Growing competition between countries and cities over attracting infrastructure, investment, tourists, capital and national and international status mean that today, a negative image is more harmful than ever. Whatever the cause of the negative image, places perceived as dangerous, frightening, or boring are at a distinct disadvantage. Many decision makers and marketers stand by helplessly, frustrated by their knowledge that in most cases, their city's negative image is not based on well-grounded facts. Given that stereotypes are not easily changed or dismissed, the challenge facing these decision makers is great. Analyses of many case studies show interesting examples of places that tried to change a negative image into a positive one, in order to bringing back tourists, investors and residents.
Although a great deal of knowledge about crisis communications has accumulated in recent years, very little has been written about strategies to improve places' negative images. The aim of "Media Strategies for Marketing Places in Crisis" is to discuss the various dimensions of an image crisis and different strategies to overcome it, both in practice and theory. "Media Strategies for Marketing Places in Crisis" is based on the careful analysis of dozens of case studies, advertisements, public relations campaigns, press releases, academic articles, news articles, and the websites of cities, countries and tourist destinations.
- Takes a communications approach to crisis management and recovery
- Provides 20 strategies and a wide-scale model to draw a positive approach from negative circumstances
- Illustrates the issues, problems and solutions with in-depth case studies
Primary audience: tourism professionals including destination marketers, government officials, managers of tourism destinations, public relations professionals; Secondary audience: advanced undergraduate and graduate students in tourism marketing.
1. Summary of existing knowledge in place image, the techniques and strategies used for place promotion, and the field of image crisis.
2. Introduction to place marketing and offers definitions, ways to measure the effects of public relations and advertising campaign, and reasons why places try to change their images.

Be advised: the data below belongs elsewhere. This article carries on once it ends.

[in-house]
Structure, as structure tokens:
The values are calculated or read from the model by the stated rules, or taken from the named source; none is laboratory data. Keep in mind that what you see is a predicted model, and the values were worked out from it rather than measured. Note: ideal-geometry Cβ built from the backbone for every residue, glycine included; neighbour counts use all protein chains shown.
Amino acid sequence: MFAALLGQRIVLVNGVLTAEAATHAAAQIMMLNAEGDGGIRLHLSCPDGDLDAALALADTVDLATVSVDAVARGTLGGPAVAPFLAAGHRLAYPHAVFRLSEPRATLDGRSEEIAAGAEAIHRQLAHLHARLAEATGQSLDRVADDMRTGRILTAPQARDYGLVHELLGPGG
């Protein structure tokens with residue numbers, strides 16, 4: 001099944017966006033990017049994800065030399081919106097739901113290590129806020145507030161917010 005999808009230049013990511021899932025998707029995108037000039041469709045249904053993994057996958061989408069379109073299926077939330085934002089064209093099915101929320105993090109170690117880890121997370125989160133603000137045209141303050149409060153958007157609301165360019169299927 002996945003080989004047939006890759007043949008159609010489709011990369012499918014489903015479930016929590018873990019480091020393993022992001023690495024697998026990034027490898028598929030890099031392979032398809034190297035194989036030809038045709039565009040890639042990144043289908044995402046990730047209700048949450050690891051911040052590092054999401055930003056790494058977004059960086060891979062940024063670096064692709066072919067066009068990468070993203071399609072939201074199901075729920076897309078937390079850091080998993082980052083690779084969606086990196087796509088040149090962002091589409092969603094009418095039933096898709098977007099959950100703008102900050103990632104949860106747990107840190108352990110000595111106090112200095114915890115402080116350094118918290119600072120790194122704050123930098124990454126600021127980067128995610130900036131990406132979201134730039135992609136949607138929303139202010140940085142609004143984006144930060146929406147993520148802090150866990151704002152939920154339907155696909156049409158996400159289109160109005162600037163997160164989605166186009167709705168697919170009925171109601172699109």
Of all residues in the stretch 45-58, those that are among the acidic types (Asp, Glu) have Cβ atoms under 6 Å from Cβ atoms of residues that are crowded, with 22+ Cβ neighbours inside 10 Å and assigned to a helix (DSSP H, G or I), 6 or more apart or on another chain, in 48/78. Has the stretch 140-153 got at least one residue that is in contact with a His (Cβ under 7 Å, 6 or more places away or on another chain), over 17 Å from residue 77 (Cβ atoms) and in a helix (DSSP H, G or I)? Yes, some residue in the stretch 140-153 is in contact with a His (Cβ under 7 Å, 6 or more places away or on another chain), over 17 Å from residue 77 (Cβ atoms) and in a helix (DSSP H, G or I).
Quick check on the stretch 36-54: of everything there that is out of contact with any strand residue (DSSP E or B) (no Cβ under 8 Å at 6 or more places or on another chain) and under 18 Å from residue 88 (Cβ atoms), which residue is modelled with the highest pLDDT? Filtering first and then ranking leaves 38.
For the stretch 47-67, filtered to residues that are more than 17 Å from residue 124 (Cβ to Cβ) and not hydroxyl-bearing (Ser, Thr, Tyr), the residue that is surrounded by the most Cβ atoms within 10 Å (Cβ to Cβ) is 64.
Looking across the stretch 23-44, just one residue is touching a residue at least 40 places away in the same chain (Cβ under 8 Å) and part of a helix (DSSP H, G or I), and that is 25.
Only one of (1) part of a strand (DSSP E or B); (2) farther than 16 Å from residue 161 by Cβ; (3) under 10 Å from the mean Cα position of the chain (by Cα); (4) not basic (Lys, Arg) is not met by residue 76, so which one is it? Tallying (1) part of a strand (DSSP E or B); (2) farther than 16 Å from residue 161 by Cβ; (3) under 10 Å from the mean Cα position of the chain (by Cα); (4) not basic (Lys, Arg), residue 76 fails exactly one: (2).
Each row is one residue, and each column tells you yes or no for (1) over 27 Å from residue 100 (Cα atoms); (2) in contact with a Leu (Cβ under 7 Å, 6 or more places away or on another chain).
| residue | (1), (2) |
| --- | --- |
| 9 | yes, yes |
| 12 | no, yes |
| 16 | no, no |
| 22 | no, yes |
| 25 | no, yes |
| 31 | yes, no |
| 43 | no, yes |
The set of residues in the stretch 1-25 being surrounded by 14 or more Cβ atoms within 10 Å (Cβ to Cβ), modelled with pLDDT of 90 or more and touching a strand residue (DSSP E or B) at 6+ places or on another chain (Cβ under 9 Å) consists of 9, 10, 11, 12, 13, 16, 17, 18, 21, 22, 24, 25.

3-6. Discussion on 'place image' (kinds of image, measuring the image, different factors affecting a place's image);
the stages of campaign building (factors involved;
managing the image;
developing the place's vision;
branding and positioning;
the place's logo, slogan and landmark;
the various techniques used to deliver messages, including PR, advertising, promoting and marketing);
crisis communications and crisis management.
This part of the book is based on the strategic approach to public relations, stating that a change of image is ongoing, holistic, interactive and wide scaled, requiring much more than a quick change of logo or slogan.
7. Presentation of 20 strategies used by cities, countries, tourist destination all over the world in order to improve their negative image
8-12. The 'Crisis? What Crisis?' approach (ignoring the crisis);
employing a counter-message;
acknowledging the negative image;
geographic isolation strategy;
spinning liabilities into assets;
changing name, logo or slogan, hosting opinion leaders, hosting spotlight events;
ridiculing the stereotype;
patriotism and nationalism, changing the campaign's target audience;
changing reality in order to solve the crisis;
using movies, television shows and magazines;
branding the place counter to the stereotype, association with prestigious places/brands;
decreasing the crisis's effect.
13. Introduction of a wide scale model, illustrating the proper choice of a strategy in altering
- No. of pages:
- © Butterworth-Heinemann 2008
- 19th December 2007
- Paperback ISBN:
"This is an important book which gives a wealth of practical, well-researched communications advice to cities and countries in times of crisis. The authors' exploration of the impact of critical events on place image is sound, sensible and makes an important contribution to the field. Highly recommended reading for national, regional and city administrators." Simon Anholt, Government Advisor and Author